Swon: I always feel like I should bring one to interviews to demonstrate to people, because I realize a lot of people have never used one, so it’s a little abstract. Basically, unlike an SLR—which is what most people have encountered—the lens is projecting onto a mirror, which is projecting onto a glass, which is going to another mirror, which is going to your eye. A large format camera doesn’t have all those contraptions. Bellows control the focus, so if you ever see people using a bellows camera that have the sheet over their heads while they’re focusing, that’s because they have to keep the light off the glass so they can see the projected image. The first time I ever used a large format camera, I was just so blown away by what the image on the glass looked like, which really looks different from the resulting photograph. The resulting photograph, if you use a 4×5 or 8×10, will be this big, sharp, high-resolution negative. But since you’re looking at a projection on this textured surface, the color is kind of soft and diffuse. There’s this painterly, almost water color quality to the way the image looks on the glass. Right away when I started using them, I was like, “How do I get the photograph to look more like the glass?” Surely people are using these cameras to make a sharper, crisper image, and I want it to be softer and murkier. I did a couple experiments in this regard a long time ago, but I didn’t have the resources. It’s fussy to deal with, and you lose a huge amount of light using this process.

Anyway, we built a rig and we settled on a 4×5 camera after a lot of discussion. The image is really being produced by the lens on the 4×5 camera, and then there’s a very small digital cinema camera mounted onto the back with a macro lens recording the image off the glass. So we did use some filters on the 4×5 “taking lens,” we would call it, but for the most part, the primary texture that the image has is really the result of the projection on the glass. Sometimes people think it’s expired film stock or something, but if you watch, the texture doesn’t really move because it’s glass, not grain. So that’s the core principle. Of course, lighting, filters, color grading and a lot of other elements went into building the image, but using this device was almost like doing an in-camera effect. The quality of the image was baked-in at the capture. It wasn’t like we shot a clean image and then decided how we were going to mess it up. You have to struggle with this device and its limitations, because it has very shallow depth of field. You have, in general, a light loss, but you also have a really big discrepancy between the exposure in the center of the frame and the exposure in the corners of the frame. It’s about six stops, generally speaking, between the center and the corner. I think a lot of people, when I’ve talked to them, think that I’ve thrown a lot of vignette on top of the image. In fact, we’re fighting the vignette like crazy the whole time. You’re trying to light the corners so they don’t fall to black, you’re trying to keep the corners brighter than the center so that there’s a degree of balance.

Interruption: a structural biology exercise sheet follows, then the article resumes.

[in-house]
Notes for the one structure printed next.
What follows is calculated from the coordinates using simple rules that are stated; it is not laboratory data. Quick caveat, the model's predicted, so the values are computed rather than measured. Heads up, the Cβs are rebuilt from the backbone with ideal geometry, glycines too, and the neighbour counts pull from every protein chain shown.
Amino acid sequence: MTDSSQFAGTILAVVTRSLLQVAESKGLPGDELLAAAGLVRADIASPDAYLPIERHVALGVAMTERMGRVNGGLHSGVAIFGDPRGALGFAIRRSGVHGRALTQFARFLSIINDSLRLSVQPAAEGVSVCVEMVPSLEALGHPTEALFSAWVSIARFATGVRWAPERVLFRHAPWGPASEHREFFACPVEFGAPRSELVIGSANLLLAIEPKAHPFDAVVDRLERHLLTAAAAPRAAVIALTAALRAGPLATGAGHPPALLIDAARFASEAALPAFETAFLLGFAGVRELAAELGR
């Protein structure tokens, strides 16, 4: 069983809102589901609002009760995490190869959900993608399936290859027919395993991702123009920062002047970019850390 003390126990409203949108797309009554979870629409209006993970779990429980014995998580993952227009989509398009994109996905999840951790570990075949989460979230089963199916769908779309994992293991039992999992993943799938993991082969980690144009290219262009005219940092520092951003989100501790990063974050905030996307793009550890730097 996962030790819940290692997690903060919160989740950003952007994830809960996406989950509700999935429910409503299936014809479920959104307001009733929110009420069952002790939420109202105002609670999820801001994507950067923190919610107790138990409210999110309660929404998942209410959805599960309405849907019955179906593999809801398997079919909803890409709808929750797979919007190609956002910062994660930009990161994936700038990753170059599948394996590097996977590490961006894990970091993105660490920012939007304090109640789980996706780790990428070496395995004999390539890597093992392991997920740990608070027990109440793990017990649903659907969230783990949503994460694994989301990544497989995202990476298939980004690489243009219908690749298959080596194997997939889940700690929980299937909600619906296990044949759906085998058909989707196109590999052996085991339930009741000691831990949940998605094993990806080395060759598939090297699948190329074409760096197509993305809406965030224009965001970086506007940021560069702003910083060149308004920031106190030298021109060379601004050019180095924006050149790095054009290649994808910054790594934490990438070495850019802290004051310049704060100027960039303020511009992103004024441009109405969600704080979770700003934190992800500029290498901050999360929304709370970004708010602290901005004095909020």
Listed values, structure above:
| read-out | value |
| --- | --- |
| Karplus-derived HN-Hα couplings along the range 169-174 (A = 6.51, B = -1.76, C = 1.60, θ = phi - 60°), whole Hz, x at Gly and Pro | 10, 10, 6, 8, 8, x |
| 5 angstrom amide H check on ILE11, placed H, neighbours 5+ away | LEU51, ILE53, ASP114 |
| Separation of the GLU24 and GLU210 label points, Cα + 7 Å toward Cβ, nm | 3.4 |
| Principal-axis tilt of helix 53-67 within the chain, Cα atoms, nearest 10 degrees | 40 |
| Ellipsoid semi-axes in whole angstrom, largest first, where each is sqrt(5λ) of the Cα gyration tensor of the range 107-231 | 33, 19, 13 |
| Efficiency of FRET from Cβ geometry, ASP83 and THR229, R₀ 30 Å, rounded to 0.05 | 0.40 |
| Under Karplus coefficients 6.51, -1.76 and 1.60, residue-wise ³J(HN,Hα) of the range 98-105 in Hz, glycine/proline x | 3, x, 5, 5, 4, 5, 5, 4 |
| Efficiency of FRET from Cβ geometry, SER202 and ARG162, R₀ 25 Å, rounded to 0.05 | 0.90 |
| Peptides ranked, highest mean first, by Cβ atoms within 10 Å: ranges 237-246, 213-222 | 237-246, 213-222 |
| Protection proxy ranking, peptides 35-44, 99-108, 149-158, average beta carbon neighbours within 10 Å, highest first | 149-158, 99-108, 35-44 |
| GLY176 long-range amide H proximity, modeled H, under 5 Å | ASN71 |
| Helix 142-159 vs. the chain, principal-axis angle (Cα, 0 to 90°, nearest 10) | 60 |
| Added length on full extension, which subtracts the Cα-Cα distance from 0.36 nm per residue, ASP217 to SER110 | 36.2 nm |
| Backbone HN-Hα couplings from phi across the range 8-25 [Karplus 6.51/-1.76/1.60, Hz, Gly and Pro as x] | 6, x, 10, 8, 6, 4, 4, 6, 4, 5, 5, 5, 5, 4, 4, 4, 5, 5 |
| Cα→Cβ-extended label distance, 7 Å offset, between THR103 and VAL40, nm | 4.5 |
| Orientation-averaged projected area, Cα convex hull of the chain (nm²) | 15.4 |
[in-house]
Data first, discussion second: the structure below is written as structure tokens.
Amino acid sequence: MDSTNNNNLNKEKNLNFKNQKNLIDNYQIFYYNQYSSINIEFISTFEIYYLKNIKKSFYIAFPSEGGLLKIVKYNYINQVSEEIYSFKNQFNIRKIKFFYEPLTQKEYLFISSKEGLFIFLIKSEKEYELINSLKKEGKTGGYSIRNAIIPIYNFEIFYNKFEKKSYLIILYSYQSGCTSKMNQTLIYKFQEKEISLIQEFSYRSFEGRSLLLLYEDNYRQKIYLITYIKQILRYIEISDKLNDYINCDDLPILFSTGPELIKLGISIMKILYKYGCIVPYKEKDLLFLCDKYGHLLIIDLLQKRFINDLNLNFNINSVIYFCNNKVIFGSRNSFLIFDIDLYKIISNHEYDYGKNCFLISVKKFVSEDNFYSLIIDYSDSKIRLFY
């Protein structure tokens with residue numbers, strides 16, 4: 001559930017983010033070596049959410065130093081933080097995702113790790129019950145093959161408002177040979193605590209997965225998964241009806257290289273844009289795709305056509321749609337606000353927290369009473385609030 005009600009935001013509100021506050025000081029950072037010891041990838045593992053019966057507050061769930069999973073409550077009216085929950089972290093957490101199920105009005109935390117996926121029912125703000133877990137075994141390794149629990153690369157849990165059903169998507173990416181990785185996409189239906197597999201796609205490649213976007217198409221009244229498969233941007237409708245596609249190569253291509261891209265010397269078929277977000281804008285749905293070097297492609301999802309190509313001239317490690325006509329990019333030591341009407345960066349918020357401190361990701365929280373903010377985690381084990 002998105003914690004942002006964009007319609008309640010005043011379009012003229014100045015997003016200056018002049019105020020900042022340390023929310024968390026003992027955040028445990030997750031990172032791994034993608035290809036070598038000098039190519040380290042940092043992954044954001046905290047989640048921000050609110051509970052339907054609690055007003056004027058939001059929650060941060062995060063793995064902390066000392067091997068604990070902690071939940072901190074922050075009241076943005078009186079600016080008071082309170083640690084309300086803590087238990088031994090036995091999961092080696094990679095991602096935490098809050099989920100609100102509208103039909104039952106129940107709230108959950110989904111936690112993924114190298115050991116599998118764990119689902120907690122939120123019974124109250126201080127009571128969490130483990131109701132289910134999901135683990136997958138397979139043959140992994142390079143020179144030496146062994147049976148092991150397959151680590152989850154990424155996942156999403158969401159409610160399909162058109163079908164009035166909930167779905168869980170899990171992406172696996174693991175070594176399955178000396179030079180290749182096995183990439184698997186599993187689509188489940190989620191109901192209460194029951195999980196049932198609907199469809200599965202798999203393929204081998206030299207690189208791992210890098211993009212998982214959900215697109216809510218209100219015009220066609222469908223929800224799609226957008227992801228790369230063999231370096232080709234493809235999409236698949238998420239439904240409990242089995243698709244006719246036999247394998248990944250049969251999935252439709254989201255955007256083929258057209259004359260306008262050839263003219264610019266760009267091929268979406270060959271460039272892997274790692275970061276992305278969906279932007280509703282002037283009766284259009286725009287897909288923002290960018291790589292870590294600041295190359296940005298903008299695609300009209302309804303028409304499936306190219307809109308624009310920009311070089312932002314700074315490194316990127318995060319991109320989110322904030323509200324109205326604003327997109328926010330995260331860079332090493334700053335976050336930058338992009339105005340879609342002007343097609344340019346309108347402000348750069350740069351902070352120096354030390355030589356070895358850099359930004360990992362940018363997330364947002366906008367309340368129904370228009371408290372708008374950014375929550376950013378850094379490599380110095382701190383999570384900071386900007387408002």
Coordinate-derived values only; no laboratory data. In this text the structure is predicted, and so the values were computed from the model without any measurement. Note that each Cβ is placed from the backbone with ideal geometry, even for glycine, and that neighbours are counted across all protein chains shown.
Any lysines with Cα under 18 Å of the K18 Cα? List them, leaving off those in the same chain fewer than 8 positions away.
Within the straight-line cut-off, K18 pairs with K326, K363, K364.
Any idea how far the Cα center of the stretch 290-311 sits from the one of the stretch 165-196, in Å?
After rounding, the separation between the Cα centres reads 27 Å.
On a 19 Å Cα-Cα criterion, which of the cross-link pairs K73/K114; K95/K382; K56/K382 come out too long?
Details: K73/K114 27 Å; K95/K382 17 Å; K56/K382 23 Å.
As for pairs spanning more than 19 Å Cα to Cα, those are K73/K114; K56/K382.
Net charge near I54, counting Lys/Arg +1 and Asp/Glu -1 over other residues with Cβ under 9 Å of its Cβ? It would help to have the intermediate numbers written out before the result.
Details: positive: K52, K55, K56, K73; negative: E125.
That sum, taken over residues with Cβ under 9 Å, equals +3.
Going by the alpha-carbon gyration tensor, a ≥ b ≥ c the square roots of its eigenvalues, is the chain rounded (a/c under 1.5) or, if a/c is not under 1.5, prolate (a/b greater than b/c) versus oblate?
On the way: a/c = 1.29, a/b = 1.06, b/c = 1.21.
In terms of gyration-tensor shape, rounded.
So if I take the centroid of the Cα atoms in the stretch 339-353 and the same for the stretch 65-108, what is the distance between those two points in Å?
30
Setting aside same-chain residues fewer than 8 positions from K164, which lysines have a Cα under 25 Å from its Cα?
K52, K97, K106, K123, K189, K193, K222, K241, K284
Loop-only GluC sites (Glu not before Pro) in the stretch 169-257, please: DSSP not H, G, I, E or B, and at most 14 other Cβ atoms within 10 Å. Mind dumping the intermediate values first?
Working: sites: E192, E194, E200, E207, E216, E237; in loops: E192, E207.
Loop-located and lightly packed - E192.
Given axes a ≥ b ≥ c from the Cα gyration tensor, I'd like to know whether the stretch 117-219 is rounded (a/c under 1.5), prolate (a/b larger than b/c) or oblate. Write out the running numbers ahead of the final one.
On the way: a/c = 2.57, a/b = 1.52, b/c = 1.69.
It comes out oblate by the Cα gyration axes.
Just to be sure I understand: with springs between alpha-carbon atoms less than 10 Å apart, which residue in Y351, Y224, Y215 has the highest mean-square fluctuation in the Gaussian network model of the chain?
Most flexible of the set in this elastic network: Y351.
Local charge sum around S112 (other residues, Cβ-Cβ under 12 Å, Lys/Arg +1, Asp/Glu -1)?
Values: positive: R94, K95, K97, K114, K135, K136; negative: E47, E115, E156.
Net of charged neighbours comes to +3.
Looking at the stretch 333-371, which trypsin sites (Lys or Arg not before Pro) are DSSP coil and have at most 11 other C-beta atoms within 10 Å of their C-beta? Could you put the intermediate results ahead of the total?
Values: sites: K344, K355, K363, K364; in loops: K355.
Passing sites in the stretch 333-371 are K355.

My wife and I also color graded the film ourselves, partially because I knew it was going to take a long time, and that trying to go to a conventional color house, would not be economically feasible, and would put me in a place where I was rushing to decide exactly how to balance certain elements of the image. So we kind of built out a studio and graded it ourselves, which was, I think, another important part of the final look. In my experience, professional colorists tend to push you towards certain conventions that are good for certain reasons, but I wanted there to be a degree of oddness to the way this film looked in the end.

Filmmaker: Moving back to in front of the camera, the chemistry between cast members is remarkable. Is that something you worked to build as a director, or something that the actors naturally created amongst themselves?